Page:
There are two incorrect ways to look at Christian doctrine. One is to take an anti-intellectual approach; the other is to take an overly rigid rational approach
Unfortunately, too many modern Christians have made it all too easy for "evangelical humanists" to level the charge against Christianity of being irrational. I addressed this problem in a previous post called Battling Evangelical Anti-Intellectualism
Anti-Intellectualism has become the scandal of evangelicalism. Over the course of two hundred years, it has gradually become part and parcel of our evangelical identity. Yet today the failure to love God with our minds as well as our hearts is not only a sin - it’s a crippling cultural handicap in an age when ideas have greater consequences than ever.- Os Guiness
Fortunately, it has not always been this way. The Puritans in the early period of America were renowned for their impeccable logic and a scholastic emphasis that permeated to every person in society. They considered religion a very complex, subtle, and highly intellectual affair, and their leaders (both Civil and Religious) thus were highly trained scholars.
In fact, the most educated and best-informed scientists in history have been humble believers in the Scriptures (e.g., Francis Bacon, Copernicus, Sir Isaac Newton, Pascal, Pasteur, Kepler, Thomas Bayes, and others). For these great thinkers, the search for the laws of nature and understanding a rational order was an act of devotion that would reveal the glory and grandeur of God’s work. This is the paradigm for the great majority of all scientific discovery, even today.
However, the overly rigid rational approach is not a proper Christian perspective either. It is wrong and intellectually arrogant to think that we can explain every aspect of Christian doctrine. There are some things that are simply beyond our finite, human ability to grasp or understand, to speak nothing of our fallen nature which has corrupted our ability to always possess perfect reason. That is not to say that we can or should accept paradox, but we must, at times recognize those things which are a mystery. In a previous article I have stated that two ways to gain knowledge are through reason and experience, a third method is from the Bible. God reveals himself in us, being created in his image (a priori). He reveals himself in nature which we can search out via objective scientific observation/evidence (a posteriori). And finally he reveals himself in the Holy Scripture, the truth of which he confirms to us directly by the Holy Spirit.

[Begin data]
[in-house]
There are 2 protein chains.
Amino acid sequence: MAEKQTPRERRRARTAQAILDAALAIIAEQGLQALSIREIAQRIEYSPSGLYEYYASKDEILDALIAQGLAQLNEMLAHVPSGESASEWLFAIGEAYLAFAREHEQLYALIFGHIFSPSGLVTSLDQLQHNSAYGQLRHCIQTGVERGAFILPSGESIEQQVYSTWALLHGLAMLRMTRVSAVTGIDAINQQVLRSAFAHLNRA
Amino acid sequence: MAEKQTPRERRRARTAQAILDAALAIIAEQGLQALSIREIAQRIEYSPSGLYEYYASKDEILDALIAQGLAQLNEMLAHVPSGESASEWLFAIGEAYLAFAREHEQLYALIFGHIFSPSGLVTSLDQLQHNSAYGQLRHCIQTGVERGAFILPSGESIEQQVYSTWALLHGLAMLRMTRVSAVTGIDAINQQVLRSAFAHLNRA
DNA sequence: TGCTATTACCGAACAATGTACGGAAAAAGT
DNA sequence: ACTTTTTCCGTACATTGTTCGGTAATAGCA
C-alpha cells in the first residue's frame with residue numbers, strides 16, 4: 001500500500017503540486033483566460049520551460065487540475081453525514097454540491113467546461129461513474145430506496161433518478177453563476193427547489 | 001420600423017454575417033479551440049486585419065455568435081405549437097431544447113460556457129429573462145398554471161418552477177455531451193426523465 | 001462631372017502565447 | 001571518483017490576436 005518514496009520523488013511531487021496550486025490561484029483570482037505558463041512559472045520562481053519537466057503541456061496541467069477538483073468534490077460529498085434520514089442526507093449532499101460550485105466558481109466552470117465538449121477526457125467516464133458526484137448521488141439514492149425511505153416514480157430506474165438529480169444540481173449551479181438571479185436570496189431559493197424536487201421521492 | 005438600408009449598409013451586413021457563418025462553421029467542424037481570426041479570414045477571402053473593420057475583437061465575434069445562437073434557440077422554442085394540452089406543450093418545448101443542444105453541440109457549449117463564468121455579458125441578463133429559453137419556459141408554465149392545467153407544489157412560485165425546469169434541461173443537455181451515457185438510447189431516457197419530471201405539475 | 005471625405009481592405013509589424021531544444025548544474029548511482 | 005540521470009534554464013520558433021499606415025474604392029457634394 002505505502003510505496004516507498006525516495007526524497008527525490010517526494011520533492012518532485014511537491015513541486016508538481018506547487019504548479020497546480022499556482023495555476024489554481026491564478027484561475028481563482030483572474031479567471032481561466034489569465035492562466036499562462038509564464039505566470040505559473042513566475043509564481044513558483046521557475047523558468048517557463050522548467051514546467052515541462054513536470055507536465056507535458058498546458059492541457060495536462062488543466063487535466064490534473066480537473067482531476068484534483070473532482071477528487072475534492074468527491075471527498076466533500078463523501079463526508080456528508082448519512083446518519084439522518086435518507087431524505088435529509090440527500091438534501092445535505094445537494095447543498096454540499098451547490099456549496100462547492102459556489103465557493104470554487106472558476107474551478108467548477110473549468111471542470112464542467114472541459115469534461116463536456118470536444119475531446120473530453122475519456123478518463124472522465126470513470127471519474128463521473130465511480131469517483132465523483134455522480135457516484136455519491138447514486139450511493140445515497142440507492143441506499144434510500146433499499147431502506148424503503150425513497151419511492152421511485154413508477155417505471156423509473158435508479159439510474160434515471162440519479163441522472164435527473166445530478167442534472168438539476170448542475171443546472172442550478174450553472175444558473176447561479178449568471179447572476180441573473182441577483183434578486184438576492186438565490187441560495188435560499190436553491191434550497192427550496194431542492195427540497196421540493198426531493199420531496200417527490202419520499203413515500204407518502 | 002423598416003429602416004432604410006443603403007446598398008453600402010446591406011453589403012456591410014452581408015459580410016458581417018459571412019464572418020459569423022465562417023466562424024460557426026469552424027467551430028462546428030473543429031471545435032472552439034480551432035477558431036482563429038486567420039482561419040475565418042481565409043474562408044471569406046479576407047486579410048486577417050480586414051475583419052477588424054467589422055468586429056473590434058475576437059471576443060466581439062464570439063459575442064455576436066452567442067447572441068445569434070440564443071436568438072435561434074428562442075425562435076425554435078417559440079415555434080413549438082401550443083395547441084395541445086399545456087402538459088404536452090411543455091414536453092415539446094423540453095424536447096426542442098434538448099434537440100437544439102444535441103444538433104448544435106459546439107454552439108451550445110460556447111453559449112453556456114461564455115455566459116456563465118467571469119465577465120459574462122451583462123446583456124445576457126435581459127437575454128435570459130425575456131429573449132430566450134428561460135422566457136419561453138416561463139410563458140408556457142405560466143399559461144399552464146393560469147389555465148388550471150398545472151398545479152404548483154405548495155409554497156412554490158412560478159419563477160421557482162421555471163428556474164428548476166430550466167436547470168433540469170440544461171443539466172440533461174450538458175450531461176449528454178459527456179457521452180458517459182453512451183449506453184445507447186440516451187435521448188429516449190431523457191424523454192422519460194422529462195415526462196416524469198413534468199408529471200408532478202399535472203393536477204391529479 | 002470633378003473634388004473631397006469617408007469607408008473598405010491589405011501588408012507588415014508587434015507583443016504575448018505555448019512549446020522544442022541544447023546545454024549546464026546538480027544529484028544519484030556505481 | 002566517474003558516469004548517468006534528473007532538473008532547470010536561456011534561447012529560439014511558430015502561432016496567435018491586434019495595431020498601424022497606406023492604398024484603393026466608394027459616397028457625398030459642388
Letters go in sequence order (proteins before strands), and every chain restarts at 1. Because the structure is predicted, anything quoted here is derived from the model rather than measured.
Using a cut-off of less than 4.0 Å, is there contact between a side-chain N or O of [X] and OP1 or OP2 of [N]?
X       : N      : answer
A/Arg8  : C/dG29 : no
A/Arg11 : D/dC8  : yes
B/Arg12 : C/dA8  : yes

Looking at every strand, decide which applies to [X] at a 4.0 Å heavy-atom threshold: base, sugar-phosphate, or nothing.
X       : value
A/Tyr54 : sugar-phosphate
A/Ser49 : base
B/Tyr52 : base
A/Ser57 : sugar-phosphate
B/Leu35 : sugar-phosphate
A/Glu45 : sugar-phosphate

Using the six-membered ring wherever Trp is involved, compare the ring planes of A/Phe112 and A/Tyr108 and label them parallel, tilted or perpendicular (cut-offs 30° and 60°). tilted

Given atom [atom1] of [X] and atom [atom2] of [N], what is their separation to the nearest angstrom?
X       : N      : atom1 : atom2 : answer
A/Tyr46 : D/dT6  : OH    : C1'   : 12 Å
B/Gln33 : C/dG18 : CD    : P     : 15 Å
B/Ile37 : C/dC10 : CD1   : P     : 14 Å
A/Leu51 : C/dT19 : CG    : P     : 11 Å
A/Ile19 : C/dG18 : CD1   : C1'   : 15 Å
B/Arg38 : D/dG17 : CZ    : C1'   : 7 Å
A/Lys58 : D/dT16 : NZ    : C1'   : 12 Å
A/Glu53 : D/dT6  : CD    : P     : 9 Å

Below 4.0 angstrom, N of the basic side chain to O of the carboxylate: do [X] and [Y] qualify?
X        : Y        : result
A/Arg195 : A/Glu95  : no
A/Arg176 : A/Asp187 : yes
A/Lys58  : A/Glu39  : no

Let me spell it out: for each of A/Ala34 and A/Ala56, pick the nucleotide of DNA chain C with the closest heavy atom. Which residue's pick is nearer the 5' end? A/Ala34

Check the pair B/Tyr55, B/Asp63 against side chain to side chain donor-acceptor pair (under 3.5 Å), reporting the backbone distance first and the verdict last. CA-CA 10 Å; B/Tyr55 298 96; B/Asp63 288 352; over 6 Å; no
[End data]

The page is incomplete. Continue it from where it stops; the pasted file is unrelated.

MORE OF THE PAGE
When we find ourselves confronted with a mystery, it is at those times that we must cling to the Scriptures. Sola Scriptura! Monergism List of Articles
Colossians 2 (ESV)
1For I want you to know how great a struggle I have for you and for those at Laodicea and for all who have not seen me face to face, 2that their hearts may be encouraged, being knit together in love, to reach all the riches of full assurance of understanding and the knowledge of God's mystery, which is Christ, 3in whom are hidden all the treasures of wisdom and knowledge. 4I say this in order that no one may delude you with plausible arguments.
You see, the proper Christian view is a balanced one. It is humble and does not claim to "know-it-all." But the Christian faith is not irrational, nor is it anti-rational. It does not go against reason, but it does sometimes go beyond it.
Nonetheless, even without Scripture or the work of the Holy Spirit, the honest person must admit that while the there is more reason to believe in Christianity’s core doctrines than not to believe.
C.S. Lewis perhaps said it best: "the weight of the evidence" for mere Christianity--Christianity's core doctrines--is on the side of the Christian.
Bottom line: Christianity is overwhelmingly the most rational system of belief (or unbelief) in this world. Ours is a reasoned faith. It is not a blind faith but is, in fact, faith in based in reason, evidence, and revelation.
Next Post: The irrationality and the increasing irrationality of the post-modern scientific faith: methodological naturalism.